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Climate-change skeptic a lightning rod for critics

Bjoern Lomborg is a contrarian who has been called a parasite and compared to Hitler.

COPENHAGEN, Denmark - The head of the U.N. panel on climate change compared him to Hitler. Another leading scientist called him a parasite. A third described his latest book as a "stealth attack" on mankind.

The list of allegations against Bjoern Lomborg, one of the world's leading climate-change skeptics, almost reads like an indictment for war crimes.

As Al Gore shows off his Nobel Peace Prize and world policy-makers decide on a new strategy for saving the planet, climate-change contrarians say they have been elbowed out of the debate. They say mainstream scientists have stifled healthy intellectual discourse by demonizing dissenters as oil-industry lobbyists or lunatics.

"I really think it reflects entirely on them," said Lomborg, a mild-mannered Danish statistician who asserts that global warming is not a big threat and that international treaties requiring sharp and immediate cuts in carbon emissions would cost a lot but do little good.

Angry words and table-pounding, he said, only show "that your argument is not that strong."

Climate-change experts counter that the contrarians are no longer relevant because the evidence now is overwhelming that human-made warming will have dangerous consequences if left unchecked.

"Their claim that debate is being stifled has the same credibility as members of the Flat Earth Society complaining about the round Earth mafia," NASA scientist Gavin Schmidt said.

Lomborg accepts that the Earth is warming because of humans. But he says that a changing climate, including the threat posed by rising sea levels to small island nations, is a less urgent problem than, for example, AIDS or malnutrition.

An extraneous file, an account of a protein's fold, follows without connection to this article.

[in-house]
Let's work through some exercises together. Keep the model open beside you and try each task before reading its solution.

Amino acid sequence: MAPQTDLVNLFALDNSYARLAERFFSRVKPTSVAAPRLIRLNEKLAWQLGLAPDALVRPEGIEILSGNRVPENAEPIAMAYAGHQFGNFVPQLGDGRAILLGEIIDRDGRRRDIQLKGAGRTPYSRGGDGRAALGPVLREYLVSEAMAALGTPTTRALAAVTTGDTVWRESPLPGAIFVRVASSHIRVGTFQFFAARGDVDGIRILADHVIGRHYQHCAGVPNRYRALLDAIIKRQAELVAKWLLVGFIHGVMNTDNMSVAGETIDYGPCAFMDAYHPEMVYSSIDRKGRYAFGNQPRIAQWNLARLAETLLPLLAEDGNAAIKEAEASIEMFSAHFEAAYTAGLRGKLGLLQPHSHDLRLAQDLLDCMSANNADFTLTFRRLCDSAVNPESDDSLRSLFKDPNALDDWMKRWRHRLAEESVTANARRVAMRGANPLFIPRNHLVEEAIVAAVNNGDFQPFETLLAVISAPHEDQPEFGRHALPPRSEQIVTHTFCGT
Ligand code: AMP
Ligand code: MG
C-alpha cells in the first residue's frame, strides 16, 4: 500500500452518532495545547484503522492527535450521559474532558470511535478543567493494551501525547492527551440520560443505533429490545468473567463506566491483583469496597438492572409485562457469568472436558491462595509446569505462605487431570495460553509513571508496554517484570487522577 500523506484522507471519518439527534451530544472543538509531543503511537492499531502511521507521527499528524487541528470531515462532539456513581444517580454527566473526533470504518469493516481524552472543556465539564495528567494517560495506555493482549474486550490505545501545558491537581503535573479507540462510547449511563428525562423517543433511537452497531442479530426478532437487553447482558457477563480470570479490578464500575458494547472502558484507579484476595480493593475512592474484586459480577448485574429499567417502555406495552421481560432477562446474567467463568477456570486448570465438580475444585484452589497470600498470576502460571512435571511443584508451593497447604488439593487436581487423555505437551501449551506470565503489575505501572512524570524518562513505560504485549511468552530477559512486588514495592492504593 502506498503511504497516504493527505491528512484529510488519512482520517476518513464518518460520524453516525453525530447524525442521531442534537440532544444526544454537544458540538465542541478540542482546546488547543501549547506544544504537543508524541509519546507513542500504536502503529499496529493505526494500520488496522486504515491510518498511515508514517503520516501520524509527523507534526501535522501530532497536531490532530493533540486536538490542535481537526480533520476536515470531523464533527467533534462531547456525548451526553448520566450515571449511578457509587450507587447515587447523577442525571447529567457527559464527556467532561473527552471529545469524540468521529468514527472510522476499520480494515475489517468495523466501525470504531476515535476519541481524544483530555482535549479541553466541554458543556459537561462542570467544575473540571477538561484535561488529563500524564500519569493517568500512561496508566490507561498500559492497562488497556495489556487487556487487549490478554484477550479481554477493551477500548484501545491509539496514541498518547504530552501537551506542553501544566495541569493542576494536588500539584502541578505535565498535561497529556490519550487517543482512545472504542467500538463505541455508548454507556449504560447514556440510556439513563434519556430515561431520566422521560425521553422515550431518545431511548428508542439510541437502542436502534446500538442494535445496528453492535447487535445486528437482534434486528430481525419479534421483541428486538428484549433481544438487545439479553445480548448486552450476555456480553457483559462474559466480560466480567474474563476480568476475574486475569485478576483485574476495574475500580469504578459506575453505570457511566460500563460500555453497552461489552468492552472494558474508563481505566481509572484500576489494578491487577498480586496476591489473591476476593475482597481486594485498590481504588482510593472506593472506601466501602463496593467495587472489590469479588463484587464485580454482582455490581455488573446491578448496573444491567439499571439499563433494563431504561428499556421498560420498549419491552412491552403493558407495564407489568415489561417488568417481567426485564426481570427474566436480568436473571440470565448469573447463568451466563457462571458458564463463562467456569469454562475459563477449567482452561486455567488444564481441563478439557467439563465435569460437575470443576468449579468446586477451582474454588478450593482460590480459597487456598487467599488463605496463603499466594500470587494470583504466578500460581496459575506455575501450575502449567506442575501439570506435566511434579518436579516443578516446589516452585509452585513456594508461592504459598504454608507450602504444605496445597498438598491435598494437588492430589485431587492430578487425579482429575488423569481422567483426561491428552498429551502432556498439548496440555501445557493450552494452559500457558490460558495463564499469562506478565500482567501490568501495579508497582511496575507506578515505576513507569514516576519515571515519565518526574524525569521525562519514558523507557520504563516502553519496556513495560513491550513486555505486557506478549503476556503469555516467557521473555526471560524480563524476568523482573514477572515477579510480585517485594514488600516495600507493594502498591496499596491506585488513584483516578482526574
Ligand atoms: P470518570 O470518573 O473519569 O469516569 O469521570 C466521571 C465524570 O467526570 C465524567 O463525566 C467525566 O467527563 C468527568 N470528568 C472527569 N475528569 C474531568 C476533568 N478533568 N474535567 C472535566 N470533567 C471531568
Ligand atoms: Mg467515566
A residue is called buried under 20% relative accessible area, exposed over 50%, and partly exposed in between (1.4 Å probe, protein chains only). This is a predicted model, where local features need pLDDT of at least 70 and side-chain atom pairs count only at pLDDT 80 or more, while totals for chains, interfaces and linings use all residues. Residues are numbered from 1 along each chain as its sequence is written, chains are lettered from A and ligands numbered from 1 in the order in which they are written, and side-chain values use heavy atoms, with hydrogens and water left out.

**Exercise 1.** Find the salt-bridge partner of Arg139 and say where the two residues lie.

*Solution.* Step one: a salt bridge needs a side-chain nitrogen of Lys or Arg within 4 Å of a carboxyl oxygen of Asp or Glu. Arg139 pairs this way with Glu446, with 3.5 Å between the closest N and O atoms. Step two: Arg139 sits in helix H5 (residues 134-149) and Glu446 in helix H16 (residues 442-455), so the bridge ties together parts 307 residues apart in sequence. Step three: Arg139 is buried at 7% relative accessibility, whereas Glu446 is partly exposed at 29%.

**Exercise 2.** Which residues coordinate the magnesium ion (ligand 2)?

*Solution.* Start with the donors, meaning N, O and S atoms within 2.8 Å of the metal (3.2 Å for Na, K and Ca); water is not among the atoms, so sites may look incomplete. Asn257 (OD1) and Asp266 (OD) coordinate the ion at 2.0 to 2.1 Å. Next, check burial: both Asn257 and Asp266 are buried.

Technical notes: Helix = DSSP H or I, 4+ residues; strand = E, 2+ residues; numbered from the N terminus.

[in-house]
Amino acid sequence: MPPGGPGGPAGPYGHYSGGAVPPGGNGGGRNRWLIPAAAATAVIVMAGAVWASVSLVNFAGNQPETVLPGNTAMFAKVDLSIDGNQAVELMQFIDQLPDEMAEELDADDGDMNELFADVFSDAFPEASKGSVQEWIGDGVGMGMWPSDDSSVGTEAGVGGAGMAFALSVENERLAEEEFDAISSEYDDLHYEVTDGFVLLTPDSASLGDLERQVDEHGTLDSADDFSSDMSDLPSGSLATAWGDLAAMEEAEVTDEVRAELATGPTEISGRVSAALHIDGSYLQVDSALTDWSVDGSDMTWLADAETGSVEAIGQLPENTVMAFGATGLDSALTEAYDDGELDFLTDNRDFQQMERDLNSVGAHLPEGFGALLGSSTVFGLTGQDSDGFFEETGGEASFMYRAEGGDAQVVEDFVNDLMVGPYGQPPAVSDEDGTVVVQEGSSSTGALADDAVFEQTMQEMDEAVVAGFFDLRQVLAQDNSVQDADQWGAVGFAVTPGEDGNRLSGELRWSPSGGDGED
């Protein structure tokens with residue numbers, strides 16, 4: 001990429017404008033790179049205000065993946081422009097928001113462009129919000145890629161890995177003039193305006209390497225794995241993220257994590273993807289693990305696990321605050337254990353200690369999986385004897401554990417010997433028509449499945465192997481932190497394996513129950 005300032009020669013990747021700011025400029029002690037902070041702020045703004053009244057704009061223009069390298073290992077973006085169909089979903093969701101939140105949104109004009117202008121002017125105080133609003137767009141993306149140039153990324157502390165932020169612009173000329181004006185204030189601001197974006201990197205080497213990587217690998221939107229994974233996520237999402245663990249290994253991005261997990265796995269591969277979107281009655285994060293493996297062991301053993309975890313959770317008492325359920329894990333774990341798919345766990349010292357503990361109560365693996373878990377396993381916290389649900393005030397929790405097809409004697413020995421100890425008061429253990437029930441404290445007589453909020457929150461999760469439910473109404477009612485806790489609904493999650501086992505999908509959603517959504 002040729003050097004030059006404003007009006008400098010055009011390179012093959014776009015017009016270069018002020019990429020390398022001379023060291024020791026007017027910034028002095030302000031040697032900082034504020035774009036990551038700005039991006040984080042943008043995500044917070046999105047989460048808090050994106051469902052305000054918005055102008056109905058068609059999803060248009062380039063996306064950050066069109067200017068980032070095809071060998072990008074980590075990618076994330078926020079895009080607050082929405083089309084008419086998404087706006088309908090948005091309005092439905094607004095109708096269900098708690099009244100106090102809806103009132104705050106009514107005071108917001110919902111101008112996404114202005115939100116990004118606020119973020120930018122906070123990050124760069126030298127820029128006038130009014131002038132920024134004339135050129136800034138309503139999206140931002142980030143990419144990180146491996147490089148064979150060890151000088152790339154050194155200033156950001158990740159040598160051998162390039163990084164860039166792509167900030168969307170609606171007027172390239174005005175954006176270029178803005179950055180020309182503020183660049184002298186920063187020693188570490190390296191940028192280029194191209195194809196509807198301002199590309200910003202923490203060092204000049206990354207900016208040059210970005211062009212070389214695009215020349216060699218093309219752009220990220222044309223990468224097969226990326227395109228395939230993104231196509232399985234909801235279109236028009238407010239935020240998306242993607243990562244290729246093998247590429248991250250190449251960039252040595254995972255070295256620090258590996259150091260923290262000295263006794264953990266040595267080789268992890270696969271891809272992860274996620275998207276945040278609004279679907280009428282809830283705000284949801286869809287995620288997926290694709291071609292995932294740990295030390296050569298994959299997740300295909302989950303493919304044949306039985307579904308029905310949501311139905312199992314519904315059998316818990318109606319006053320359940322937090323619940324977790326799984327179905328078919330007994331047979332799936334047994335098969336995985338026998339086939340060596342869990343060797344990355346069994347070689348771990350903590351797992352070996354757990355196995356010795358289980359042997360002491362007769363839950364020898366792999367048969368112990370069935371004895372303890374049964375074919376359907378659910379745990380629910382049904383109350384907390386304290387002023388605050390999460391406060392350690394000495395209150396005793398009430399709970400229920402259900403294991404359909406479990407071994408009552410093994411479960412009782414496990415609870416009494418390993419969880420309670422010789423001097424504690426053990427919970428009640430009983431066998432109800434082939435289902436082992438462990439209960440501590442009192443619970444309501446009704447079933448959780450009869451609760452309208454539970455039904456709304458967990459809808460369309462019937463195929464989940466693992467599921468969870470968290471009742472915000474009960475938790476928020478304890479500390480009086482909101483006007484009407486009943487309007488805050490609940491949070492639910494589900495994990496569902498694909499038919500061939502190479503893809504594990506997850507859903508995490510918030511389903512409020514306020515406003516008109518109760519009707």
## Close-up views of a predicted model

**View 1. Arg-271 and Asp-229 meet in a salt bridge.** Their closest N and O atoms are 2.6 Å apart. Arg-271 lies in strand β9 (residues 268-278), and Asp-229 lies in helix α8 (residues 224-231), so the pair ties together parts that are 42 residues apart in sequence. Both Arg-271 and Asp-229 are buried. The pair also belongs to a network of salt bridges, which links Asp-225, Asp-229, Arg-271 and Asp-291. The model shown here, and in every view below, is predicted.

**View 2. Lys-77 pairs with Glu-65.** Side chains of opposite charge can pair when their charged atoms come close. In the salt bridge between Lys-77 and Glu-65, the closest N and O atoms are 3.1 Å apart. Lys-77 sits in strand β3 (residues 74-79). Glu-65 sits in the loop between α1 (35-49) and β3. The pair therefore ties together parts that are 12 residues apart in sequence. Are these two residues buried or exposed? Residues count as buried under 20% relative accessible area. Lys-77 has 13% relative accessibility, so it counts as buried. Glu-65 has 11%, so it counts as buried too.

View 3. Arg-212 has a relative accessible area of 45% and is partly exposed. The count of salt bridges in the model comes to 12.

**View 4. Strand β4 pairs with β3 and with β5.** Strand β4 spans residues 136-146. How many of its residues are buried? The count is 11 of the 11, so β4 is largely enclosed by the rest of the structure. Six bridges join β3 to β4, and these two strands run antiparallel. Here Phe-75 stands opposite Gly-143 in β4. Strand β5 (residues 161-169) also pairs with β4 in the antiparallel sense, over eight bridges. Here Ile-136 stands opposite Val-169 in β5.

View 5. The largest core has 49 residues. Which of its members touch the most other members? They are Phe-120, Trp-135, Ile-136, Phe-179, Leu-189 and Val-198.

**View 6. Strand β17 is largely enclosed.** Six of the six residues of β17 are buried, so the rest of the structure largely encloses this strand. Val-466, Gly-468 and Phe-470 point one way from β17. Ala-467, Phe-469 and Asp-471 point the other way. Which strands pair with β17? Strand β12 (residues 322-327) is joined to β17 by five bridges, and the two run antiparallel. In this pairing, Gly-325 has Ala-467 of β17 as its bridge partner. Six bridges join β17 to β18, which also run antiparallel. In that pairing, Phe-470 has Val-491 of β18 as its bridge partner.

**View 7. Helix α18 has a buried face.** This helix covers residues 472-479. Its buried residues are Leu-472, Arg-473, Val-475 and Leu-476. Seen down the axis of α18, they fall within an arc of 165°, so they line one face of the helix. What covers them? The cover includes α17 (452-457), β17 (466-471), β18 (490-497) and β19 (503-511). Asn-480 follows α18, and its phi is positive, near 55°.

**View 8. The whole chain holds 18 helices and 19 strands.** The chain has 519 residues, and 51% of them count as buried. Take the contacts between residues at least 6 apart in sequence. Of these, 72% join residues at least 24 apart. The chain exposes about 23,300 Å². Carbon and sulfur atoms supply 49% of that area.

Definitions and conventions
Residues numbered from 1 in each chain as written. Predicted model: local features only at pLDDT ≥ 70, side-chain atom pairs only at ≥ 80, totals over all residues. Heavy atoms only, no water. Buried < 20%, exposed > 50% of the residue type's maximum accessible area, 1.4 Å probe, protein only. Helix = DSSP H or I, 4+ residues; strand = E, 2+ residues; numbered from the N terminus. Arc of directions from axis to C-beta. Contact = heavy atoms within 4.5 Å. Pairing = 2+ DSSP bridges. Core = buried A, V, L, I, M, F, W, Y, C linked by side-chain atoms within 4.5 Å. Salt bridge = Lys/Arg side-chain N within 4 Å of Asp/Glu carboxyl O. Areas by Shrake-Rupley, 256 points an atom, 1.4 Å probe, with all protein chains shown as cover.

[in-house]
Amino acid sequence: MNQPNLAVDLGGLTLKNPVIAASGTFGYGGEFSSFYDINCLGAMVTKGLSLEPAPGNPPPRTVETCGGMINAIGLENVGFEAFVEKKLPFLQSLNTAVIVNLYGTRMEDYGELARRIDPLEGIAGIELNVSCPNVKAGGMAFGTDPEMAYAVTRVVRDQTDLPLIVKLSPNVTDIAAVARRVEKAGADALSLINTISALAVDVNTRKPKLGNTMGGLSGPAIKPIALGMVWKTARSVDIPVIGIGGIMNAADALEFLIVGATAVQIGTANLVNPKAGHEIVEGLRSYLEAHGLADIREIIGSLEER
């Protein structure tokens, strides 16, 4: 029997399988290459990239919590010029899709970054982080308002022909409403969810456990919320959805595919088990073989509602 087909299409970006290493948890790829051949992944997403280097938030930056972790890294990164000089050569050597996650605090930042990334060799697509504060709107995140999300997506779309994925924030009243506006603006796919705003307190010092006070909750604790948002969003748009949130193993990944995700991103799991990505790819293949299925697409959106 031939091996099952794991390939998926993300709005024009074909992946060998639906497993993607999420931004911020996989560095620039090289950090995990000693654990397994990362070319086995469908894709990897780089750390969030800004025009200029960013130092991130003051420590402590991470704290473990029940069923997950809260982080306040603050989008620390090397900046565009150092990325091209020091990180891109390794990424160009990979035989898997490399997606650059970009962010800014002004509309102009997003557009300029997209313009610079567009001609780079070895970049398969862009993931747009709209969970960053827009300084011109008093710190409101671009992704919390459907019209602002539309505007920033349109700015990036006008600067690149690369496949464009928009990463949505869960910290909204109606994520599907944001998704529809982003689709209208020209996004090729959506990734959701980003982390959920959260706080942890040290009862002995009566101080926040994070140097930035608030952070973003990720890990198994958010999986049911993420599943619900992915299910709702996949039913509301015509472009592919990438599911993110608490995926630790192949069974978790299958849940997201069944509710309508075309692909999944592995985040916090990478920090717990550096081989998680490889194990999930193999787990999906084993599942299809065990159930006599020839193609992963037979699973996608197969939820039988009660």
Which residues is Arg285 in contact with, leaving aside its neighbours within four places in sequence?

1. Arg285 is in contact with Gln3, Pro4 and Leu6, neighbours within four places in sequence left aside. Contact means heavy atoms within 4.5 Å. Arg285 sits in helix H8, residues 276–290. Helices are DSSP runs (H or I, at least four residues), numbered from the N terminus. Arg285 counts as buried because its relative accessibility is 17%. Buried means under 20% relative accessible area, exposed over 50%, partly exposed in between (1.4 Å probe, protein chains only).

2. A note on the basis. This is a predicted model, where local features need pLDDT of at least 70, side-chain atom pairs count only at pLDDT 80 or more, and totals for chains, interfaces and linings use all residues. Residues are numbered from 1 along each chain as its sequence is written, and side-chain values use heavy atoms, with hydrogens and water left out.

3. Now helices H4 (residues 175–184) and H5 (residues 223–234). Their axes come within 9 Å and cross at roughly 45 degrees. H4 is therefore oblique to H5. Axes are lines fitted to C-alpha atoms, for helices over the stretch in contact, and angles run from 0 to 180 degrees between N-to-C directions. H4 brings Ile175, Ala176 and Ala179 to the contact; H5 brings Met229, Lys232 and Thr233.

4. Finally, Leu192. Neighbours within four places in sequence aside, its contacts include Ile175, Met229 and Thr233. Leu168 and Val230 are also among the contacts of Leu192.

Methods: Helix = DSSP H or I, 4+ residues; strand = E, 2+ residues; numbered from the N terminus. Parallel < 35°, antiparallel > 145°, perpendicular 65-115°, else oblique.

It is a view that has infuriated advocates of immediate action by the world's governments.

"What is the difference between Lomborg's view of humanity and Hitler's? You cannot treat people like cattle," Rajendra Pachauri, the chairman of the Intergovernmental Panel on Climate Change - which shared the Nobel with Gore - was quoted as saying in a 2004 interview with Danish newspaper Jyllands-Posten.

Pachauri now disavows the comments. "I was misquoted. That was taken out of context," he told the Associated Press last week. But Jyllands-Posten reporter Lars From, who conducted the interview, insisted Pachauri was correctly quoted.

On Feb. 9, Boston Globe columnist Ellen Goodman wrote that "global warming deniers are now on a par with Holocaust deniers, though one denies the past and the other denies the present and future."

Some mainstream scientists say that kind of rhetoric is going too far.

"There is never a reason for name-calling, and any time someone plays the Hitler card, it's usually an obvious sign of desperation in the debate," said Michael Mann, director of Pennsylvania State University's Earth System Science Center.

But Mann said that contrarians "who choose to mislead the public" on what science says about climate change cannot expect to escape being chastised.